In picture, poem, and prose has the stranger in the far west been caricatured and ridiculed as the "Tenderfoot" victim of that dangerous compound of whiskers, whisky, dynamite, and death known as the "Bad-man."
To the reader, this book will show that the average western "Bad-man" is not nearly so dangerous as is the California flea or the Hoboken bed-bug; that he can use his legs to good advantage in certain contingencies, and that his reputation for being phenominally wide awake, is a figment of his brain, or at least exaggerated.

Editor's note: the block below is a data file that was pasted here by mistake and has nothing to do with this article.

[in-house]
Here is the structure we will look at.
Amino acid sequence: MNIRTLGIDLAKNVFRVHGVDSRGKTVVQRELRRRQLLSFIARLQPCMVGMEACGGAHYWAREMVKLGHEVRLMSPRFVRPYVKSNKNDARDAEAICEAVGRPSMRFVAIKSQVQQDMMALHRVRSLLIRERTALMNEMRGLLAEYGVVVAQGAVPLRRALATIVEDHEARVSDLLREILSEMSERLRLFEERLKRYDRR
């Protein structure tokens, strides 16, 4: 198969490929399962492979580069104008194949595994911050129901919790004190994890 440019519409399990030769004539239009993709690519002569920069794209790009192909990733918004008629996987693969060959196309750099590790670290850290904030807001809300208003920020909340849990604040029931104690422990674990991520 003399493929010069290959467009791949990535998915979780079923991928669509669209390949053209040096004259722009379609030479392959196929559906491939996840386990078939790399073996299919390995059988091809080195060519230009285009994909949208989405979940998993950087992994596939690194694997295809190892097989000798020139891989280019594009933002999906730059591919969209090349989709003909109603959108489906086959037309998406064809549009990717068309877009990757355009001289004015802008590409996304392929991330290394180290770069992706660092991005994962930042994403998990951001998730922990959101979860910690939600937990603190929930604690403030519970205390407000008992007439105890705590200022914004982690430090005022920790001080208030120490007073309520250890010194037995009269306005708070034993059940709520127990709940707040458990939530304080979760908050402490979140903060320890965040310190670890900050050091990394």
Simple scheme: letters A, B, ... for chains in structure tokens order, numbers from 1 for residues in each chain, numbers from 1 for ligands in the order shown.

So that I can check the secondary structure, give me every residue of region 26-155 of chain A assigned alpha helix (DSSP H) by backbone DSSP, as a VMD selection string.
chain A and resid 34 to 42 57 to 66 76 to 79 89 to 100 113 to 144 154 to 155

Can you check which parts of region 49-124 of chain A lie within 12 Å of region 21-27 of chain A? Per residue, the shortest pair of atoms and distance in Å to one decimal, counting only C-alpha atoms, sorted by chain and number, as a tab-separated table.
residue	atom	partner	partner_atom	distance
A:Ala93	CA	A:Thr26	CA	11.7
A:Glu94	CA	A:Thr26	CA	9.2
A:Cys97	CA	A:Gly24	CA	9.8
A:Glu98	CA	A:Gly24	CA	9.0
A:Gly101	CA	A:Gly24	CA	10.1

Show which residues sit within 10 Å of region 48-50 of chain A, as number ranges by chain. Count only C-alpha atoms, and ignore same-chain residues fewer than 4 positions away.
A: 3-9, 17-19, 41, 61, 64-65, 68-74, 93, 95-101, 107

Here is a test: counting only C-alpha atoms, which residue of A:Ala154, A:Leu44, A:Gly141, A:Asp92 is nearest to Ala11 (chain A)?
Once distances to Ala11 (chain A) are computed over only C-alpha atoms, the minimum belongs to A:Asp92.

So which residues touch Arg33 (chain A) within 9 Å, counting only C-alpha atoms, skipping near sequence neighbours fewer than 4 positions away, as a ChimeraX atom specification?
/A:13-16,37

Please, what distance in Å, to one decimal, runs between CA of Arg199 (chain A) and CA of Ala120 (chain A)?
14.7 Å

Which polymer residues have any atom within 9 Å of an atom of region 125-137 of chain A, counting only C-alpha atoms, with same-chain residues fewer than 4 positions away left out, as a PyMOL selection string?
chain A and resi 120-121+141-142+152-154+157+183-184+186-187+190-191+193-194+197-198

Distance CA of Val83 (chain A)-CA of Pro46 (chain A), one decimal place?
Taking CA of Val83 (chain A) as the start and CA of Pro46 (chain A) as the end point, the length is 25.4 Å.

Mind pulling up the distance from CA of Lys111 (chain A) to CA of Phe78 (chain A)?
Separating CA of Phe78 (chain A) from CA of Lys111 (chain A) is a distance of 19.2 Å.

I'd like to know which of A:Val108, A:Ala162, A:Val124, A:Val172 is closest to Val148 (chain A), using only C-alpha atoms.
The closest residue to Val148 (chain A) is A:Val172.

Every incident herein related was an actual occurrence, and somewhat similar ones are within the experience of most western pioneers. Should they serve to amuse the reader, the author will have attained his purpose,
J. Cabell Brown
Oakland, Cal., 1892